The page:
# Crate entwine[−][src]

Expand description

## entwine

This crate provides the Entwine trait that provides a generic interface of slice-like behavior, allowing multiple slices to be operated on at the same time.

Note that this is an experiment, and as it is right now there is no evidence of a performance advantage over more naive approaches. Unless you have to do the manipulations in-place, it’s probably not a good idea to use this.

### Examples

#### Sorting multiple slices at once

use entwine::Entwine;

let mut a = [6, -3, 2, 7, 0, -42];
let mut b = [1, 2, 3, 4, 5];
let mut c = ["a", "b", "c", "d", "e", "f", "g", "h"];

// Sort all three slices at once by comparing the elements in the first.
//
// `Entwine` handles slices of different lengths by exposing only the range
// shared by all input slices.
(&mut a[..], &mut b[..], &mut c[..])
.sort_unstable_by(|(l, _, _), (r, _, _)| l.cmp(r));

// Elements in `b` and `c` are sorted along with elements in `a`.
assert_eq!([-3, 0, 2, 6, 7, -42], a);
assert_eq!([2, 5, 3, 1, 4], b);
assert_eq!(["b", "e", "c", "a", "d", "f", "g", "h"], c);

#### Tracking the index of an element across sorts

use entwine::Entwine;
use entwine::index::TrackIndex;

let mut xs = [5, 7, -2, 4, 9, 0, 3];

// This creates an imaginary slice tracking the index of "9", that can be
// entwined with real ones.
let mut idx = TrackIndex::new(4, xs.len());

(&mut xs[..], &mut idx).sort_unstable_by(|(l, _), (r, _)| l.cmp(r));

// "9" is now moved to the last place
assert_eq!([-2, 0, 3, 4, 5, 7, 9], xs);
assert_eq!(Some(6), idx.get());

### Performance

Unfortunately, it turned out that when dealing with primitive Copy types, the performance is around 0.5x of the naive approach of allocating a temporary vector, even with LTO. This makes sense in hindsight, since pointers become much wider and harder to deal with when multiples of them are packed together.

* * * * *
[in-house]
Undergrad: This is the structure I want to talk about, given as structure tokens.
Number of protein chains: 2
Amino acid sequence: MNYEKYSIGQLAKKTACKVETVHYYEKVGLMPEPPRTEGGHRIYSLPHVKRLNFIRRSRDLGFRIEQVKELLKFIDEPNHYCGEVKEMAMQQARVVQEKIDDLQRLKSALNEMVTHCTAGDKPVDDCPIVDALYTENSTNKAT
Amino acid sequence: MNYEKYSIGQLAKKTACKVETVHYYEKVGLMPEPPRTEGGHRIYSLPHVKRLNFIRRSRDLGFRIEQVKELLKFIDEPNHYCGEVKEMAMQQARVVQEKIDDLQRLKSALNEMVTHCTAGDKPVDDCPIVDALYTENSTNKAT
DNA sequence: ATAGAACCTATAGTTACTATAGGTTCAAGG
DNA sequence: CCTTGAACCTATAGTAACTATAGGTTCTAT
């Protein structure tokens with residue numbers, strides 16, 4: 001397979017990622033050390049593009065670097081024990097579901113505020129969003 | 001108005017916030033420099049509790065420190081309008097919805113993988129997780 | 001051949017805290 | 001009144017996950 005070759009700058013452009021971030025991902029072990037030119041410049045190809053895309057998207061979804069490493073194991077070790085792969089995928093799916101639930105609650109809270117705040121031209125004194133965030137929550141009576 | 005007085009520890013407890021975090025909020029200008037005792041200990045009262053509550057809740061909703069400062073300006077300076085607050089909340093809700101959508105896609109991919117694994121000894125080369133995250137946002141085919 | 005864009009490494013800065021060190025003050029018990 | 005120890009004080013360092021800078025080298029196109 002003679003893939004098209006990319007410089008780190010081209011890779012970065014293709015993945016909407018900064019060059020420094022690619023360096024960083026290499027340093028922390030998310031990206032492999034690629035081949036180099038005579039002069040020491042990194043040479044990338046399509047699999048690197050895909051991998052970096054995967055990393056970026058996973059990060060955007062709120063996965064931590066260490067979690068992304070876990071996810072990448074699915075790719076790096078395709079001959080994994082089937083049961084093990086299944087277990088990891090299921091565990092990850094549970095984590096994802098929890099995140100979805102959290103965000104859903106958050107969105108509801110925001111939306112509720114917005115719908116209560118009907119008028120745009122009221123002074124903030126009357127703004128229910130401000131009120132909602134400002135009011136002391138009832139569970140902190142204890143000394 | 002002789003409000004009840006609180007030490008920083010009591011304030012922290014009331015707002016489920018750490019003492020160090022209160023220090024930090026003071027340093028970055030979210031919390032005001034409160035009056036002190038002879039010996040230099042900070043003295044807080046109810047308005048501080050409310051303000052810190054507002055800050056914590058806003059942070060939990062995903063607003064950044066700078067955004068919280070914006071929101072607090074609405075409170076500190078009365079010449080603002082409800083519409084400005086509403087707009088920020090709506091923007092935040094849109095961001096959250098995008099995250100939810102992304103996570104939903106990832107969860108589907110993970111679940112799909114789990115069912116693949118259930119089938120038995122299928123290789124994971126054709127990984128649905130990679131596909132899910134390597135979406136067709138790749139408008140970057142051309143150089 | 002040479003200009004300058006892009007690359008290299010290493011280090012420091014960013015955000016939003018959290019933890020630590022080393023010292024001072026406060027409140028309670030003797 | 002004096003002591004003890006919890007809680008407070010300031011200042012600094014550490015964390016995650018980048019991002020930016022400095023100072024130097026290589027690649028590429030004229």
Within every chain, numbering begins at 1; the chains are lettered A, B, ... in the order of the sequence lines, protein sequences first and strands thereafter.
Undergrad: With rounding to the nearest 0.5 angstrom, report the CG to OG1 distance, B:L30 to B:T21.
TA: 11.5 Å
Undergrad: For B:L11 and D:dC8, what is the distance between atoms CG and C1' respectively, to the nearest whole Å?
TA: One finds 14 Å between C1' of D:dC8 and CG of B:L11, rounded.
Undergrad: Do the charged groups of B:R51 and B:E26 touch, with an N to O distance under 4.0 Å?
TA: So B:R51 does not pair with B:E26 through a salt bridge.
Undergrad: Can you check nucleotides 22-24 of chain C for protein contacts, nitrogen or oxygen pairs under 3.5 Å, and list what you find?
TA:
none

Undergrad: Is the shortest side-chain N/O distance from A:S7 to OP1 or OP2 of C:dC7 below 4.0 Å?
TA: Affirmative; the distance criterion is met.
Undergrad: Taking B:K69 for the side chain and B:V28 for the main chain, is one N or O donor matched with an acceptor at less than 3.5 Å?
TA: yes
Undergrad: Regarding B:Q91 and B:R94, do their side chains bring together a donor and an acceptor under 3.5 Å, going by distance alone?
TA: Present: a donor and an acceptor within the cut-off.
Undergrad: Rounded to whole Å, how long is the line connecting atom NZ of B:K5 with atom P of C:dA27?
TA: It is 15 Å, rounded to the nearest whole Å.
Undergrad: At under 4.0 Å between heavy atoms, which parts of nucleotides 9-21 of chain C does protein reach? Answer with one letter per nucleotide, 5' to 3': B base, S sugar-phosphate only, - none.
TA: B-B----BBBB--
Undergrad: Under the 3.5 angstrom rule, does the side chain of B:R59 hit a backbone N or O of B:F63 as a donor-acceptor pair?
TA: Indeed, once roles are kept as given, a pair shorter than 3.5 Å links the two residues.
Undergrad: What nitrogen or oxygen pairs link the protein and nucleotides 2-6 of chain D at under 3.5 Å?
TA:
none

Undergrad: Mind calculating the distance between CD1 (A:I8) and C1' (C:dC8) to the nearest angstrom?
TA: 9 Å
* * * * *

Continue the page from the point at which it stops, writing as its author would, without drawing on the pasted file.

The situation may change, though, with non-Copy or even non-Clone types, when the manipulation have to be performed in-place. Allocating an index vector, sorting, and then swapping elements around according to the indices might not be as well-optimizable for the computer as primitive data, but any conclusions remain to be seen for now.

The benchmark can be run with cargo bench --features=nightly.

### Feature flags

• nightly - Adds feature(generic_associated_types) to the top of the crate, which would allow the crate to compile on a nightly compiler. Required as of Nov. 2021.
• std - Enabled by default. Enables features that require the full standard library. Currently does nothing.

Dual-licensed under Apache 2.0 and MIT terms.

This crate contains substantial amounts of code adapted from the standard library of Rust. For full authorship information, see the version control history of https://github.com/rust-lang/rust or https://thanks.rust-lang.org

## Modules

Slice-like type for tracking indices along with sorts.

Low-level traits and operations

## Traits

Trait for generic slice-like behavior.

## Type Definitions

Type alias for the analogous type to *mut T relative to [T].

Type alias for the analogous type to *const T relative to [T].

Type alias for the analogous type to &mut T relative to [T].

Type alias for the analogous type to &T relative to [T].